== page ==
When I’m traveling, there are several things I look for to get the pulse of the popular culture in a country. Among a few, for example, are the kind of street food that’s most popular, what’s stocked at the supermarkets, and the kind of advertising that is targeted at the general population.
Looking through images I had downloaded I found two examples of online advertising that had caught my attention because they are clues to what advertisers think will capture an Ecuadorean’s attention and imagination and get them to pull out their wallets.
I found both when checking my email account so these are targeted broadly, at people who use computers and have an email account. In terms of graphics they are nicely designed and wouldn’t stand out if I didn’t speak Spanish because it’s not the images but the text that startled me. In the one below, you can get a vague idea of its message by looking at it but I gasped when I read the copy, “Only a few men really know how to call out to women…be the envy of your (male) friends with the best catcalls”. Notice, in particular, the construction workers at the bottom of the ad.
Now, men who're reading this post may not quite get what’s so remarkable about this ad but if you’re a woman this ad is probably making you cringe. I’ve often wondered what on earth kind of reaction men who make rude comments at women on the street expect to get. Apparently, they just need to learn better ones to get the loving response of their dreams!
That kind of behavior does exist in Ecuador but it’s nothing compared to the constant stream you find in certain places--the streets of NYC, for example. I was actually surprised to see this ad aimed at Ecuadorean men, unless the demographic is teens who are driven by their out of control hormones! Going by this ad, machismo is alive and well and living in Ecuador. Right before I left I noticed an advertising campaign against machismo whose slogan is “Machismo is violence” so there’s certainly an awareness of the issue.
The appeal of the one above is more easily understood as the desire for money is fairly universal but I was still somewhat taken aback. The copy here reads: “ I invested only $200 and in 3 weeks it turned into $12,000. Today, after a few months I’ve made over $17,500.” The brilliance of this ad is that $200 is just about the right amount to tempt someone in Ecuador into investing. Large enough that it has value but small enough that once lost it won’t immediately persuade the investor to stop. I can only hope that no one is actually falling for these absurd claims. Turn $200 into $12,000 in 3 weeks. Yeah, right.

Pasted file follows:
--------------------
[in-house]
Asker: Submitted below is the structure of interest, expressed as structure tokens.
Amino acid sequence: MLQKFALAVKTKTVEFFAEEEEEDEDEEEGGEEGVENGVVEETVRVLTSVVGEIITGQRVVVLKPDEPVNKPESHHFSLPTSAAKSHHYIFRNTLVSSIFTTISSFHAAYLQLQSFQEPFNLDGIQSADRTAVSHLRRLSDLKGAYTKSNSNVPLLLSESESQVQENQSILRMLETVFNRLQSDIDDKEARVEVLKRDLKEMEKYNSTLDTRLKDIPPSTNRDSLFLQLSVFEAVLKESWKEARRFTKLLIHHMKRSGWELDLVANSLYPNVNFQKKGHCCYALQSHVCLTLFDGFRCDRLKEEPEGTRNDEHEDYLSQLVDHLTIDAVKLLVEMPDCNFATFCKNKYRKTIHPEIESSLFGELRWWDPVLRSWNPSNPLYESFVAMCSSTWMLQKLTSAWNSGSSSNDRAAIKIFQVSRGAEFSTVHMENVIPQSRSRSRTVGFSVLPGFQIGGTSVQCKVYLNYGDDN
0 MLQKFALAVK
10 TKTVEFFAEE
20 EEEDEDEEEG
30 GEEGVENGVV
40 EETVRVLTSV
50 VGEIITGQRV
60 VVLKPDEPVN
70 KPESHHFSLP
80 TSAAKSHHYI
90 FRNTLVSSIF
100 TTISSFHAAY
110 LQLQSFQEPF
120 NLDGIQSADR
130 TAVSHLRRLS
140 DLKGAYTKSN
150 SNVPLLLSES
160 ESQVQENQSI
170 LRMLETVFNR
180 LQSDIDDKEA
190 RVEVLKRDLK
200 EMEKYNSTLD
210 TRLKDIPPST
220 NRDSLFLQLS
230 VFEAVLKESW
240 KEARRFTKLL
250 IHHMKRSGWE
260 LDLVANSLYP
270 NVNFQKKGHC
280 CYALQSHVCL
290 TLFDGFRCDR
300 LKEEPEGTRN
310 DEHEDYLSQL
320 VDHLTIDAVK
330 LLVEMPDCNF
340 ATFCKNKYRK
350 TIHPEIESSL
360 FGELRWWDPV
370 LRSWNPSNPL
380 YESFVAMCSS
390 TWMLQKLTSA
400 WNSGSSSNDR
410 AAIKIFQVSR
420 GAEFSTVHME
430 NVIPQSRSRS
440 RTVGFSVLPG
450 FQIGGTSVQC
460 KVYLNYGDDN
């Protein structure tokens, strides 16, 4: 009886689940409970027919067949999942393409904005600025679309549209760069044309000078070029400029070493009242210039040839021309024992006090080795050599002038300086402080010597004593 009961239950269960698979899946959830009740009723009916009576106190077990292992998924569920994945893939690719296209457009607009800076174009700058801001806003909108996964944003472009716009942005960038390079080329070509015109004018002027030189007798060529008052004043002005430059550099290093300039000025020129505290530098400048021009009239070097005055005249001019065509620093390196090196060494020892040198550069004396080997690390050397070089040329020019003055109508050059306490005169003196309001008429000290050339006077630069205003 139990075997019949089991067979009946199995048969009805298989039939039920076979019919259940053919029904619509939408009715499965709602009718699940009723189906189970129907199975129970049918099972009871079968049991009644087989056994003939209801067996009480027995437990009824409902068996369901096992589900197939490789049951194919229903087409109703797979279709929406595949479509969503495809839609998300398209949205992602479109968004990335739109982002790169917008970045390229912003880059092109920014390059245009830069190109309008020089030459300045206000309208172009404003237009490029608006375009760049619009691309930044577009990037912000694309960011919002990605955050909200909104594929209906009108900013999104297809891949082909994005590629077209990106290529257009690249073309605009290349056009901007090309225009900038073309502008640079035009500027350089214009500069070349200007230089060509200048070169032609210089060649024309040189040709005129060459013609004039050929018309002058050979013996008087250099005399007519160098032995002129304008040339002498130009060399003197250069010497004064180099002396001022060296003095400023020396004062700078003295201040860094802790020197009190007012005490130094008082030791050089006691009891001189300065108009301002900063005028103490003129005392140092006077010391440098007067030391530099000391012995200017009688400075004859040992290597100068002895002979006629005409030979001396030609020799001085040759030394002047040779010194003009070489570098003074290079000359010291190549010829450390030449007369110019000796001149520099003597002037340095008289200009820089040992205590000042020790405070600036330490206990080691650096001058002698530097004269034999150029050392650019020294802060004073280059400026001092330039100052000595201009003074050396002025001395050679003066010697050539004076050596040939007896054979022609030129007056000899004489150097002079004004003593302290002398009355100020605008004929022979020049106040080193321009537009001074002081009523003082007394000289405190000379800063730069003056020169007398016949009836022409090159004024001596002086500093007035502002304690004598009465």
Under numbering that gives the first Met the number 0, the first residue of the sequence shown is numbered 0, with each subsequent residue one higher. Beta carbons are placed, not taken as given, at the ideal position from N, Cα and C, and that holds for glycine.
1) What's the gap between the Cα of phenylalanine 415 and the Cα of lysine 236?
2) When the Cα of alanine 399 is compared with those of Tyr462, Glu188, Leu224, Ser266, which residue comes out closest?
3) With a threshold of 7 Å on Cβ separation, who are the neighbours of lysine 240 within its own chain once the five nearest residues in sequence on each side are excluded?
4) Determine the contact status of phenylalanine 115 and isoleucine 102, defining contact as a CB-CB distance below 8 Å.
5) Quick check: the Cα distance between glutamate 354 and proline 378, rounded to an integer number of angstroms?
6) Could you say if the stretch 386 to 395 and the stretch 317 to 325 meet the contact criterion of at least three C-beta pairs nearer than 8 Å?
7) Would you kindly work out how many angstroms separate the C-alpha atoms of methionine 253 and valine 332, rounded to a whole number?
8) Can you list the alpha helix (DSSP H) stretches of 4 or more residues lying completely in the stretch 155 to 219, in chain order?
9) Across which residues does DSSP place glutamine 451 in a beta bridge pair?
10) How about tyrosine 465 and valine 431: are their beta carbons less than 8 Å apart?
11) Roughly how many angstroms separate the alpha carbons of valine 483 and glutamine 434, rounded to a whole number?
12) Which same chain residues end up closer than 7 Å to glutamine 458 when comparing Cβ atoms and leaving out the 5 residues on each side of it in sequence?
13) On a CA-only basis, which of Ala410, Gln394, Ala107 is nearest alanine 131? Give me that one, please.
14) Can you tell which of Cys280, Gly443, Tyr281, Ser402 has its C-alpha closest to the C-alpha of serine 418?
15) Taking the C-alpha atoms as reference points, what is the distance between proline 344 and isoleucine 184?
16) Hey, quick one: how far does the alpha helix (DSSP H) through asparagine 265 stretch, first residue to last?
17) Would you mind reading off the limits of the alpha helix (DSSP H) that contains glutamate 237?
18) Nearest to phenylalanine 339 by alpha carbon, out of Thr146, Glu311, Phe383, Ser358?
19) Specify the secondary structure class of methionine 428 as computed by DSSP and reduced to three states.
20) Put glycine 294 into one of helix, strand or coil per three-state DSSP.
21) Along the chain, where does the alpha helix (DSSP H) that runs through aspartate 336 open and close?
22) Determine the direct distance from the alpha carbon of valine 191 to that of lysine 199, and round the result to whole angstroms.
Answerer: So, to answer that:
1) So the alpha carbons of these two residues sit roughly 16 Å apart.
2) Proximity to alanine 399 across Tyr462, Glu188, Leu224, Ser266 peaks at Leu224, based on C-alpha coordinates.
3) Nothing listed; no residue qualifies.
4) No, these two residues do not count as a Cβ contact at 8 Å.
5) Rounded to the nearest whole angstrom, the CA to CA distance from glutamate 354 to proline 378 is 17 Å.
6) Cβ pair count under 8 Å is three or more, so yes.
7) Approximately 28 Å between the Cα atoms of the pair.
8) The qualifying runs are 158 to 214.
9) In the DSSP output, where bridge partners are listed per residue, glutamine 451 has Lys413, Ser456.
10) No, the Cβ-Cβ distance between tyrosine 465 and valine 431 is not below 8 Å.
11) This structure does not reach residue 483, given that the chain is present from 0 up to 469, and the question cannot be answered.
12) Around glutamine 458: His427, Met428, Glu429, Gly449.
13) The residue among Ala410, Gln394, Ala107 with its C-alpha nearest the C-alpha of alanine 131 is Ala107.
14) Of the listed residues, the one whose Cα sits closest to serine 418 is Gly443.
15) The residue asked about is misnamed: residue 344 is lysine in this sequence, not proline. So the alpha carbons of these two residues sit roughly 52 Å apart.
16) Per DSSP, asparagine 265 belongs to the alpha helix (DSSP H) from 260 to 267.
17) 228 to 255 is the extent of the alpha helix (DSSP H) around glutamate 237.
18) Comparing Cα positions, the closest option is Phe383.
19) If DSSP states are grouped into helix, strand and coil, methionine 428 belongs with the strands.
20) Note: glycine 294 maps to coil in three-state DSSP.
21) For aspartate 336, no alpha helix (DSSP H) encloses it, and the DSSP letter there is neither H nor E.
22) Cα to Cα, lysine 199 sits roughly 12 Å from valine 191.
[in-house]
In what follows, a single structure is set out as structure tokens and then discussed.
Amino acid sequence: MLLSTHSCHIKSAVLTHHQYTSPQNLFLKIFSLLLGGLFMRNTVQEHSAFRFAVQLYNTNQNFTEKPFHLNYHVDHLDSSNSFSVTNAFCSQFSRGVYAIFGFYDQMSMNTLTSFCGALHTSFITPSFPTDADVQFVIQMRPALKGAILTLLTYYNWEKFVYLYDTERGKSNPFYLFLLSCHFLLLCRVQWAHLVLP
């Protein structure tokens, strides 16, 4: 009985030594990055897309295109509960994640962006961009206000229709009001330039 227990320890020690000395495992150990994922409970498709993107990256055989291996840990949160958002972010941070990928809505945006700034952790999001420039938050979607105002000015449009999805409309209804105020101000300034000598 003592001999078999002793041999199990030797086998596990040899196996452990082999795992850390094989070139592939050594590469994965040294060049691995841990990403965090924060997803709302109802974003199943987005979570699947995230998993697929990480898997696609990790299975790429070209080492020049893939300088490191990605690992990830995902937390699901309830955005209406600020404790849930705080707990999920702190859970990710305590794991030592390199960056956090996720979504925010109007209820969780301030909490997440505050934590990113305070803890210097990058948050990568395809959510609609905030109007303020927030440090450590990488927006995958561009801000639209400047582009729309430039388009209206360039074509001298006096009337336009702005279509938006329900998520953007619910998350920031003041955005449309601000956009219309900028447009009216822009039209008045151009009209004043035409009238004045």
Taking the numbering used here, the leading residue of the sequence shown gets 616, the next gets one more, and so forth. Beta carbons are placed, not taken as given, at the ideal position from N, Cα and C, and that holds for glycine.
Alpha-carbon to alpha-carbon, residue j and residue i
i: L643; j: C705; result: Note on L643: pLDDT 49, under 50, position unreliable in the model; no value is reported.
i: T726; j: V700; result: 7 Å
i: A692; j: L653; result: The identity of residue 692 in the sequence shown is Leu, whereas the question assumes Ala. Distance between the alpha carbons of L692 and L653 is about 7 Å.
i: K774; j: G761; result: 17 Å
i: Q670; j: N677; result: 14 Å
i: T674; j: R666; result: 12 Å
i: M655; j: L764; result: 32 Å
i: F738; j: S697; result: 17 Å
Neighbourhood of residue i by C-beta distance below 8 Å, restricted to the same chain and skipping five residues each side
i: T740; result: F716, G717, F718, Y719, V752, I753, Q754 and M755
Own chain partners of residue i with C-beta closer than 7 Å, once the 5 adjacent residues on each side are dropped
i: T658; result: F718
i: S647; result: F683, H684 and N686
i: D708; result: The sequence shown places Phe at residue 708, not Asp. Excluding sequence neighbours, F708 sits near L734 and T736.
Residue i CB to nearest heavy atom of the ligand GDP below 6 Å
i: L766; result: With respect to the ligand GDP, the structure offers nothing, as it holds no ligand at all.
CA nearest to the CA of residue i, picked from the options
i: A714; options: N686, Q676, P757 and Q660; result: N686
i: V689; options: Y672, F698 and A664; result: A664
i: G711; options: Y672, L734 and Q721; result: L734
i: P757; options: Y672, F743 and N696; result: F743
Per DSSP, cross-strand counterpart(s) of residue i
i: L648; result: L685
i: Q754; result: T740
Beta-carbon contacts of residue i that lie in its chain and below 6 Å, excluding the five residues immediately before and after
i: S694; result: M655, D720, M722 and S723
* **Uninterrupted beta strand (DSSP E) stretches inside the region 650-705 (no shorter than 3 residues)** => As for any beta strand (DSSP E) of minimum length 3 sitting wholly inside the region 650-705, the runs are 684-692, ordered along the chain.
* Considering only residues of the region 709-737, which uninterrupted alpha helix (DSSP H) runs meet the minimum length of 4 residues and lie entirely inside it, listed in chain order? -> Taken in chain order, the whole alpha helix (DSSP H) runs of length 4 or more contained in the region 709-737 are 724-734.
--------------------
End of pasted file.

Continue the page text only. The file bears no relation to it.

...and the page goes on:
May 24, 2010
Here are a few more examples of the beautiful architecture in Cuenca.
I’ve noticed in some of the blogs I read, about moving to Ecuador, that the packing stage carries some emotional weight, which I’m not experiencing yet. It may be that I’ve always found it hard to imbue objects with sentimental value or that my memories are so firmly entrenched within my mind that I know how easy they are to revisit. I do know that I will miss the serenity I feel whenever I sit by the lake and experience its stillness. But I know I will carry those moments with me wherever I go.
I guess places, people, and things are tied to experiences and to the feelings that accompanied those experiences. It is very fortunate that, in remembering, every part of that experience comes back to life to be enjoyed again. I look forward to making more memories in Ecuador.
This reminds me that though I first started traveling around 30 years ago, pretty much to a different country every year, it wasn’t until my trip to Ecuador three years ago that I brought a camera along for the very first time. I have no pictures of any of my travels, other than those taken by others. I felt that putting a camera between the world and myself did not allow me to fully experience what was right in front of me. I’ve never regretted that decision.
However, I brought a camera on that trip to Ecuador because I was traveling with my Mom and she wanted pictures of her family. Luckily, once I returned home I had already printed my favorite ones of her and her sisters when my hard drive died and all the pictures I had taken of Ecuador were lost—all of them, including some landscapes I really liked.
Now that I have this blog I find that I enjoy taking pictures to post and writing the little captions. But it is the sharing of them that I enjoy the most and once they are posted they too become a memory. I’m glad our brains are so good at remembering.
Posted by Lourdes at 12:14 PM
May 21, 2010
The babies are here! This is the first set of ducklings at the lake this year.
There are seven of them and they are sticking close to their mom.
Look at that face!
Mom thinks it's time to go back in the water and the ducklings rush after her. Dad is on the lookout--gotta keep the family safe.
They spend quite a bit of time looking for food underwater. I never get tired of the sight of their little butts up in the air.
Posted by Lourdes at 10:18 PM
May 20, 2010
These are the colors of spring by the lakeside, here in Pennsylvania.
I’ve been getting quite a few goldfinches at the bird feeder.